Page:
Getting Started

Deploying ServiceControl to a Cluster

ServiceControl only supports active/passive clusters. Clustering might not be required as cloud hosting and enterprise virtualization layers provide high availability and data redundancy features and message queueing ensures no messages are lost.

The following procedure is a high level guide on how to deploy ServiceControl onto a fault-tolerant cluster using Windows Failover Clustering.

This guide assumes that MSMQ is the underlying transport. Other transports work as long as these are deployed on a different machine. In that case, skip the MSMQ-specific steps.

Basic setup

  • Set up a failover (active/passive) Windows cluster:
  • Install ServiceControl on each node, adding it as a "generic service" using the cluster manager. This means that ServiceControl will failover automatically with the cluster.
  • Set up an MSMQ cluster group. A cluster group is a group of resources that have a unique DNS name and can be addressed externally like a computer.
  • Add the ServiceControl generic clustered service to the MSMQ cluster group:
    • Ensure it depends on MSMQ and the MSMQ network name
    • Check "use network name as computer name" in the service configuration

Once set up, the ServiceControl queues will be available on the cluster. The server name will be the MSMQ network name, not to be confused with the cluster name.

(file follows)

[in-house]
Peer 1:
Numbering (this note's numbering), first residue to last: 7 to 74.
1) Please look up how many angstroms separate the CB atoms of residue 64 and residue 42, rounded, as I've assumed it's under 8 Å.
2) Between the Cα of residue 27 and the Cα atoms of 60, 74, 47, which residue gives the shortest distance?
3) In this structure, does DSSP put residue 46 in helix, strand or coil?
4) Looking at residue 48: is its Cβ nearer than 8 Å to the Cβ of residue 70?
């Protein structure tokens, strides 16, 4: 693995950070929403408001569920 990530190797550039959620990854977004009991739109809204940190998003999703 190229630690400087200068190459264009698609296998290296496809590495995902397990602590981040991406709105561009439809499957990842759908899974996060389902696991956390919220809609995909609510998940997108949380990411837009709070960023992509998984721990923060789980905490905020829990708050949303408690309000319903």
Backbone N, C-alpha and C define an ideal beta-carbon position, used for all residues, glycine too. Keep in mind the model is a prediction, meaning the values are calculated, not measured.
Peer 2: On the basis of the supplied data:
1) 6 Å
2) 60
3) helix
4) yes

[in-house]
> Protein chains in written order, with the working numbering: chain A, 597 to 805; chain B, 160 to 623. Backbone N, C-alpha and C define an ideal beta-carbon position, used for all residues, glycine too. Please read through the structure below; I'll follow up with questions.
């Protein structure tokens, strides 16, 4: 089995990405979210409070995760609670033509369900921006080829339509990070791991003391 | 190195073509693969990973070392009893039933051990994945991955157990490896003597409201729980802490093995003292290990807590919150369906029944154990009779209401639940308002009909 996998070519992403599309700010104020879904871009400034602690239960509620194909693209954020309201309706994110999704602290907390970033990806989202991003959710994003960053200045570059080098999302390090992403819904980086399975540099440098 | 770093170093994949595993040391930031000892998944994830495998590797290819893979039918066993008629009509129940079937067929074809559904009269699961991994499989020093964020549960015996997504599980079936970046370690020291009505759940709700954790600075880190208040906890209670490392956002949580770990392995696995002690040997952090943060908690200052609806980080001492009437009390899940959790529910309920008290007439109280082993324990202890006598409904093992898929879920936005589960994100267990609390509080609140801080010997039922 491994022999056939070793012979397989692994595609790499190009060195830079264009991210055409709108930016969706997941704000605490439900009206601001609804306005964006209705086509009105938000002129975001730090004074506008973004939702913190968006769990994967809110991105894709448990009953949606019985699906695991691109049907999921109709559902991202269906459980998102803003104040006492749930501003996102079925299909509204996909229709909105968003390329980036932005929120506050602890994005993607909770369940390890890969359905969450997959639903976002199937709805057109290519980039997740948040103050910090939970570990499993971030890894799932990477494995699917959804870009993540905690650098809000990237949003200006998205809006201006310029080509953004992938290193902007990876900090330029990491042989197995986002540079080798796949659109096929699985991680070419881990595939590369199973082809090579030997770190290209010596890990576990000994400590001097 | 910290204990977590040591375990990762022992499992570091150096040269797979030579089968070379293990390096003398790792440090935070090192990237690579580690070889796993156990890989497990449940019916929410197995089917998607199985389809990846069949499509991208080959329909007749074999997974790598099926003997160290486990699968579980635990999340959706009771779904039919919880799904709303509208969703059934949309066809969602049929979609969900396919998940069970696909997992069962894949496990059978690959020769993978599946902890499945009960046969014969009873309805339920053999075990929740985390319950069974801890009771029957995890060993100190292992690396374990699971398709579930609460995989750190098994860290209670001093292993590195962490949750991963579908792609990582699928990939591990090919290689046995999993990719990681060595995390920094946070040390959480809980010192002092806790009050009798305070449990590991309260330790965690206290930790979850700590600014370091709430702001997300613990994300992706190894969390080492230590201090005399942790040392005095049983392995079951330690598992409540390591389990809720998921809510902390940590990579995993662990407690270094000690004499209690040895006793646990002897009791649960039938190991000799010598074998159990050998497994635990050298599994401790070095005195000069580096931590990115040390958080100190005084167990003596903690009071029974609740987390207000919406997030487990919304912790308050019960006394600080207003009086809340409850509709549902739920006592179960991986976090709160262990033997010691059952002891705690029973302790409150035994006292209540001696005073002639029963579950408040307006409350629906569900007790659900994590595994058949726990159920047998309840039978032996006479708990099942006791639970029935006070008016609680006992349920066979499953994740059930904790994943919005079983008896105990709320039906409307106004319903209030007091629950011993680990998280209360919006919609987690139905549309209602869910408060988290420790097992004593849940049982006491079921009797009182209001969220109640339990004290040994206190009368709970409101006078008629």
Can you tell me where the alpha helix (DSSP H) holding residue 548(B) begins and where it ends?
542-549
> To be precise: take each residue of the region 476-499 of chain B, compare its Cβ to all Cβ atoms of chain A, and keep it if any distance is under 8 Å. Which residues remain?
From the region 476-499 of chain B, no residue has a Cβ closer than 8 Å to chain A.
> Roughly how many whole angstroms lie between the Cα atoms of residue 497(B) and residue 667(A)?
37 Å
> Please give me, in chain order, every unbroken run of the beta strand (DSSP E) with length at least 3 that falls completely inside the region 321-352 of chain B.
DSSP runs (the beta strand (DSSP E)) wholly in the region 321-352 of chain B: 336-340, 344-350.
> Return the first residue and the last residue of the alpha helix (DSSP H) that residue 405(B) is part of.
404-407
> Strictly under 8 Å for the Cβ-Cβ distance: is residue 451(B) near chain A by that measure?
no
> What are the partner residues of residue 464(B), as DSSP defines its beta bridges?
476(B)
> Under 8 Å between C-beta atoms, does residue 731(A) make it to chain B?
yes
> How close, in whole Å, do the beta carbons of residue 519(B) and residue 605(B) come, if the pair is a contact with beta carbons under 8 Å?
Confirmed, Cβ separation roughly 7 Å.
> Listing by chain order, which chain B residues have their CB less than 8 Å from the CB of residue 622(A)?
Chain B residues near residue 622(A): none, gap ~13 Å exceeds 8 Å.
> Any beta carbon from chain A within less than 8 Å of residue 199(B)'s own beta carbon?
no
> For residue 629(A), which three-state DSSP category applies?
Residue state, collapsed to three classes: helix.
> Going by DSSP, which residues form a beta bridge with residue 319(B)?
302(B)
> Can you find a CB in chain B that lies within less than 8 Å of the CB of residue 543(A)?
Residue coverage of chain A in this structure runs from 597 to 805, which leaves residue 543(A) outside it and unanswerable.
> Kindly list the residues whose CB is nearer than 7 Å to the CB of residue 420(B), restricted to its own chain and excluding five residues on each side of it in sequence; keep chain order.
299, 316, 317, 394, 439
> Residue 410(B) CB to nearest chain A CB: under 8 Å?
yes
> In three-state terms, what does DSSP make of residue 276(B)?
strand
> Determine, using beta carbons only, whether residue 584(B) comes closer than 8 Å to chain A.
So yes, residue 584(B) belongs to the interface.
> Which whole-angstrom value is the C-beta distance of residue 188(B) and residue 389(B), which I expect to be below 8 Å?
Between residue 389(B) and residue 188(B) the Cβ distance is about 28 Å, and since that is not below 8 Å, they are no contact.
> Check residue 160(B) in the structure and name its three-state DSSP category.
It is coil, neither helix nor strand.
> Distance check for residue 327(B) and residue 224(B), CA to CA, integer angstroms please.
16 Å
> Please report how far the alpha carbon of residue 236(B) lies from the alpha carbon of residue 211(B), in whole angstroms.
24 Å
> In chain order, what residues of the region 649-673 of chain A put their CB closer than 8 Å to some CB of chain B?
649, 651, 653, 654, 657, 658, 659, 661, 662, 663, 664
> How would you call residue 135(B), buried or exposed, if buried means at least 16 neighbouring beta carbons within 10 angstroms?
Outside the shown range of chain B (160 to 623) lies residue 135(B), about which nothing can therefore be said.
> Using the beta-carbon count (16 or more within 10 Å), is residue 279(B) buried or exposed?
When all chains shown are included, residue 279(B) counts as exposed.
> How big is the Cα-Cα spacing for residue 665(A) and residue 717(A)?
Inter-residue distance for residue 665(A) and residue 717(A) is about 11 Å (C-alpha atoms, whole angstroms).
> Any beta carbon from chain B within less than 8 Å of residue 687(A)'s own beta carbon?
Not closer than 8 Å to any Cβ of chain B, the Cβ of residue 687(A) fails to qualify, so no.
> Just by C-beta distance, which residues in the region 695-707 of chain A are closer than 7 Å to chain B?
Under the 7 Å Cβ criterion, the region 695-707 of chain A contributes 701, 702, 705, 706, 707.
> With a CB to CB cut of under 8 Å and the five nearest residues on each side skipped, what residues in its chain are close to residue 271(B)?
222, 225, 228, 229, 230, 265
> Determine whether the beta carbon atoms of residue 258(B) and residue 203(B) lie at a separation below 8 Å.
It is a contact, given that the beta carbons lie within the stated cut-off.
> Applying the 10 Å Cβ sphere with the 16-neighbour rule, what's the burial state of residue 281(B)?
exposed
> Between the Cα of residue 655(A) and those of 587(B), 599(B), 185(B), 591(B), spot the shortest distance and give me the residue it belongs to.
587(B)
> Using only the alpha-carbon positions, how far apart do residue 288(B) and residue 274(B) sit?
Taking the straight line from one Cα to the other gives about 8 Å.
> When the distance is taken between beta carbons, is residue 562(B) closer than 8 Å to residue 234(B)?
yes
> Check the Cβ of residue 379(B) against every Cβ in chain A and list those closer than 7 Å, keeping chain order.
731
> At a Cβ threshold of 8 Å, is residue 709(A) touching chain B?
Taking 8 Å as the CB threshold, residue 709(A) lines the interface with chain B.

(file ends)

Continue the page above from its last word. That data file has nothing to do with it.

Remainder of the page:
More information is available on Message Queuing in Server Clusters.

Database high availability

The RavenDB database must be located in shared storage that is highly available and fault tolerant. Shared storage does not mean a network share but shared cluster storage that allows low latency and exclusive access. Access to the data should always be 'local', although physically that data could be stored on a SAN. When this disk is mounted, RavenDB must be configured to use that location. See Customize RavenDB Embedded Location for more information on how to change the ServiceControl database location.

ServiceControl detailed configuration

Once the failover cluster is created and ServiceControl is installed, configure ServiceControl to run in a clustered environment.

The following steps must be applied to all ServiceControl installations on every node in the cluster.


ServiceControl exposes an HTTP API that is used by ServicePulse and ServiceInsight. URL ACL(s) must be defined on each cluster node. The URL must be set to the cluster name and the ACL set to give permissions to the Service Account running ServiceControl.

The default installation of ServiceControl locks down access to localhost only. Once the URL ACL is changed from localhost to the cluster name ServiceControl is accessible from the network.


ServiceControl configuration must be customized by changing the following settings:

  • DbPath to define the path to the shared location where the database will be stored
  • Hostname and port to reflect cluster name and port
  • audit and error queues to include the cluster name;

The following is a sample ServiceControl configuration file (ServiceControl.exe.config):

    <add key="ServiceControl/DbPath"
         value="drive:\SomeDir\" />
    <add key="ServiceControl/Hostname"
         value="clusterName" />
    <add key="ServiceControl/Port"
         value="33333" />
    <add key="ServiceBus/AuditQueue"
         value="audit@clusterName" />
    <add key="ServiceBus/ErrorQueue"
         value="error@clusterName" />
    <add key="ServiceBus/ErrorLogQueue"
         value="error.log@clusterName" />
    <add key="ServiceBus/AuditLogQueue"
         value="audit.log@clusterName" />

See Customizing ServiceControl Configuration for more information.

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